“I Speak-a No KM”

Recently, I had the pleasure of meeting Jerry Ash of AOK.  One of the things Jerry said that struck me was his discomfort with terms like “knowledge capture”.  Flinging his arms forward and pulling them back, he said “it’s like taking away one’s knowledge – I capture it”.  Equally culpable is “knowledge transfer” which seems to imply moving it from one place only to be placed somewhere else.  While we know that a person’s knowledge is not removed, whether captured or transferred, these terms still require that accompanying explanation when we use them.

It got me thinking about other terms in KM that we have loosely coined that may seem harmless when used in context but could be threatening and counter-productive especially when used on the KM uninitiated. Even the term “sharing” needs to be explained because it does not mean knowledge lessens when shared.

So a quick mind-scan of KM labels throws up terms like knowledge elicitation which semms like we get the knowledge through provocation, knowledge extraction which sounds pretty painful although it is more often used for data, knowledge harvesting which seems like we only take what we can use and not all the knowledge the individual has is valued. For the person we want to seek the knowledge from, it can seem rather weird, if not ungrateful, for someone to be doing that to his knowledge.

While these terms have their place and time (and audience) when used, KM managers I think need to be very careful not to get too carried away with them especially when trying to influence behaviour to be more KM-friendly, be it from management or from the rest of the people in the organisation. On the one hand, the managers need to convince people that they know their stuff, so they use these labels. On the other hand, they also need to keep it simple and understandable, without seeming condescending or KM-ignorant.

You would think that it would be better to use terms that are more encouraging and convey the positives to the individual whose knowledge we seek? Rather than using a label explaining what we do to the person’s knowledge like “transfer” or “capture”, could we use labels that explain what happens for the person when we do it? Dave Snowden said that “we only know what we know when we need to know it”. Is it not useful then that when the knowledge is in need, it makes us aware of what we know? So, how about the term “knowledge cognizance” where both seeker and the provider become aware of what is known… and unknown. A simpler term would just be “knowledge awareness”, although it might be a mental challenge for some to break away from the sophistication of the KM speak.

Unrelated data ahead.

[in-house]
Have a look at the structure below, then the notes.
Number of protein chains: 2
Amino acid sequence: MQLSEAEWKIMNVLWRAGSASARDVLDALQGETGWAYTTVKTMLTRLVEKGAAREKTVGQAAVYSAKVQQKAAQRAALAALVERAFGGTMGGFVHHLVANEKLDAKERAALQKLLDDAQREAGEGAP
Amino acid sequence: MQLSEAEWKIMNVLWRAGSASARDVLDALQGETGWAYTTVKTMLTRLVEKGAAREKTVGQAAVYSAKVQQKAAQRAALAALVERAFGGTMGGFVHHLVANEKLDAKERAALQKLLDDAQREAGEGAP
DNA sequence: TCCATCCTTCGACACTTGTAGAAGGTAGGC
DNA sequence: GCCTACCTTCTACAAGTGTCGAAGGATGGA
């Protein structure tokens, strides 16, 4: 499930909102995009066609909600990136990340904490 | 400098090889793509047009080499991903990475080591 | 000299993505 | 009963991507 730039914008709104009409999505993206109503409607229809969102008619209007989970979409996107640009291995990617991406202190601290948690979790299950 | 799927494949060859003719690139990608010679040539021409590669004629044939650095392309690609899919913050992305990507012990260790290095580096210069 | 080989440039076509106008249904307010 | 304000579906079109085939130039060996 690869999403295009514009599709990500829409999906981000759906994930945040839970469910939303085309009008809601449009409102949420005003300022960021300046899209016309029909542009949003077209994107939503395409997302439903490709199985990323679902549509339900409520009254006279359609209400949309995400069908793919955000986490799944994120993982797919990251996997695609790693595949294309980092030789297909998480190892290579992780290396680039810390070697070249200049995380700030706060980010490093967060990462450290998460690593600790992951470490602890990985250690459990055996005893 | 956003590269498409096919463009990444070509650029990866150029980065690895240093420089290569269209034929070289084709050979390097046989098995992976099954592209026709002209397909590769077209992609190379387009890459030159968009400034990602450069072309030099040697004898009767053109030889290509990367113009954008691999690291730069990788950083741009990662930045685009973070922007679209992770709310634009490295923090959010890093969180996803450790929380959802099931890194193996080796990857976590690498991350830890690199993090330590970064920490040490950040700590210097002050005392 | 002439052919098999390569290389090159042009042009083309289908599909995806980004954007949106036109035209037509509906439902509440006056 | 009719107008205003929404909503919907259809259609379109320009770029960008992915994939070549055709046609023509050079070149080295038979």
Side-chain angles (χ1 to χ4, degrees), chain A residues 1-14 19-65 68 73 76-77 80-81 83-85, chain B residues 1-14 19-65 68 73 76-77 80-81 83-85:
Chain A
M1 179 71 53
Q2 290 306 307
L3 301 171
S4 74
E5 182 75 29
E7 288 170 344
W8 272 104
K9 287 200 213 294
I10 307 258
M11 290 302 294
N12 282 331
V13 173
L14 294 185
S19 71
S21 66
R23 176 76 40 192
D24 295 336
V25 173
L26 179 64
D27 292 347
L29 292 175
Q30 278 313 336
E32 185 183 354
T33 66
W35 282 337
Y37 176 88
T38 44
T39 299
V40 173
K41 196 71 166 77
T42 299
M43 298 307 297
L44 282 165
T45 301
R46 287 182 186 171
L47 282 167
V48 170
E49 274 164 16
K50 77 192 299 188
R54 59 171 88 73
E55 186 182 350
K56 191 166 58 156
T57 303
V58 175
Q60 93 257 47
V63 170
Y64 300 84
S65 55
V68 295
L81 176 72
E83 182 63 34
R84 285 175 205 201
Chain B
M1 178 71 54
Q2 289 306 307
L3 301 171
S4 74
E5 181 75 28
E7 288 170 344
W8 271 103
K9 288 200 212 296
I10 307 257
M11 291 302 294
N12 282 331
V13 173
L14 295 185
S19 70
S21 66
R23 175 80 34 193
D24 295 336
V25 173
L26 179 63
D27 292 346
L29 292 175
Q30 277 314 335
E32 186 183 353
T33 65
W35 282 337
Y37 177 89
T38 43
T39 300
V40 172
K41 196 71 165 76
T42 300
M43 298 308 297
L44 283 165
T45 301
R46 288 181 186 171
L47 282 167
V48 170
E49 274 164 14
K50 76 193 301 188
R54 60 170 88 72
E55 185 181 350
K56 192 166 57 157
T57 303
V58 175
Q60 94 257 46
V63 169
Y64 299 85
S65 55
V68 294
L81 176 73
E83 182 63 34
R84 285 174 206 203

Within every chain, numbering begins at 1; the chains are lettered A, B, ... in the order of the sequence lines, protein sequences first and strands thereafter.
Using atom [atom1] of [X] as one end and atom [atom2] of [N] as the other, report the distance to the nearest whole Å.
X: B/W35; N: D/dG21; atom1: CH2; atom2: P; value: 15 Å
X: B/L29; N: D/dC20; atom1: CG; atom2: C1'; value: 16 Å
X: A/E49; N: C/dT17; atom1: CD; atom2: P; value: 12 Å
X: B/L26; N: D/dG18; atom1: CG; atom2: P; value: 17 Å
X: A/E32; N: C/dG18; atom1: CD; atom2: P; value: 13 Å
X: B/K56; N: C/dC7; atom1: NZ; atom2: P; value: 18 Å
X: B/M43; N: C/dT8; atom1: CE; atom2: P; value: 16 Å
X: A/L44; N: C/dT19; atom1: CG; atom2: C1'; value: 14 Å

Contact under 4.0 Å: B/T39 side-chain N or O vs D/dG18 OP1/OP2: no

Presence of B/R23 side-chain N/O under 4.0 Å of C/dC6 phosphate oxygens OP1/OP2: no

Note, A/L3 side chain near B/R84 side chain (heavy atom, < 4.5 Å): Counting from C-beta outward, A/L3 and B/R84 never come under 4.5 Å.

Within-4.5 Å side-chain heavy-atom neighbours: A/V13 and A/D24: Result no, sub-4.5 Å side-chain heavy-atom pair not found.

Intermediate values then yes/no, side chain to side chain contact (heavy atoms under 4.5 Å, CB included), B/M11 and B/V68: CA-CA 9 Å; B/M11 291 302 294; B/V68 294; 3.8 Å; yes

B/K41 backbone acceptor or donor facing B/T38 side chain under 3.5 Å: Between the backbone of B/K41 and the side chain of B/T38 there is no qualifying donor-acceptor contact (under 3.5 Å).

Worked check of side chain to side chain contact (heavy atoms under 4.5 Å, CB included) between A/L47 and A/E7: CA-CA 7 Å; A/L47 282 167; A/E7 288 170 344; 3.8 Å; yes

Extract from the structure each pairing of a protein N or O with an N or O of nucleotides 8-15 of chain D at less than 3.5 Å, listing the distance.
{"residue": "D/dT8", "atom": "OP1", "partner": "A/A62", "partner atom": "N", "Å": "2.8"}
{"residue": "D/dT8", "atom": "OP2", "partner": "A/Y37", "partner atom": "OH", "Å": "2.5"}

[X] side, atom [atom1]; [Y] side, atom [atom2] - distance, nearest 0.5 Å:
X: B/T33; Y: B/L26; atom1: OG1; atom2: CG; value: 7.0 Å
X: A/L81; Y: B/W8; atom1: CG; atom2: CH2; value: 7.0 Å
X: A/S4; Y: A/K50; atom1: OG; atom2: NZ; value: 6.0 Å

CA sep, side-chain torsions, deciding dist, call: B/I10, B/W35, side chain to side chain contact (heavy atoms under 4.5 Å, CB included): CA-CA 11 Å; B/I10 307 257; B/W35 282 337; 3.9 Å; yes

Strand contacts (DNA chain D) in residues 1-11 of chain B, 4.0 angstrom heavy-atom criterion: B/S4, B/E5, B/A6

Instead of transfer, how about knowledge extension or knowledge augmentation, so there is no connotation of removal of knowledge, just stretching its value, strength and use. I am sure we could come up with more positive sounding terms if we put our minds to it.

Maybe we cannot change what has already been accepted as common language in the KM field, but for the new terms/labels that are coming on board, perhaps we could spare a thought for the KM manager who has to explain it to the typically skeptical folks.

2 Comments so far


very good, i never realised the words we are using have indeed a painfull meaning.
Maybe we should look at a word which means we make knowledge available for who wants to use it : something like liberation or setting it free ??

Sharing sounds good to me : isn’t a shared pain half a pain and a shared joy double a joy ??
If you at it this way, it does not hurt and it does not reduce the initial knowledge

Posted on November 18, 2006 at 04:01 AM | Comment permalink

Paolina Martin

OK, I could live with “sharing”.

As for setting it free - unleashing?

I think “visibility” might cut it - for both the knowledge and knowledge provider.

Posted on November 21, 2006 at 10:45 AM | Comment permalink

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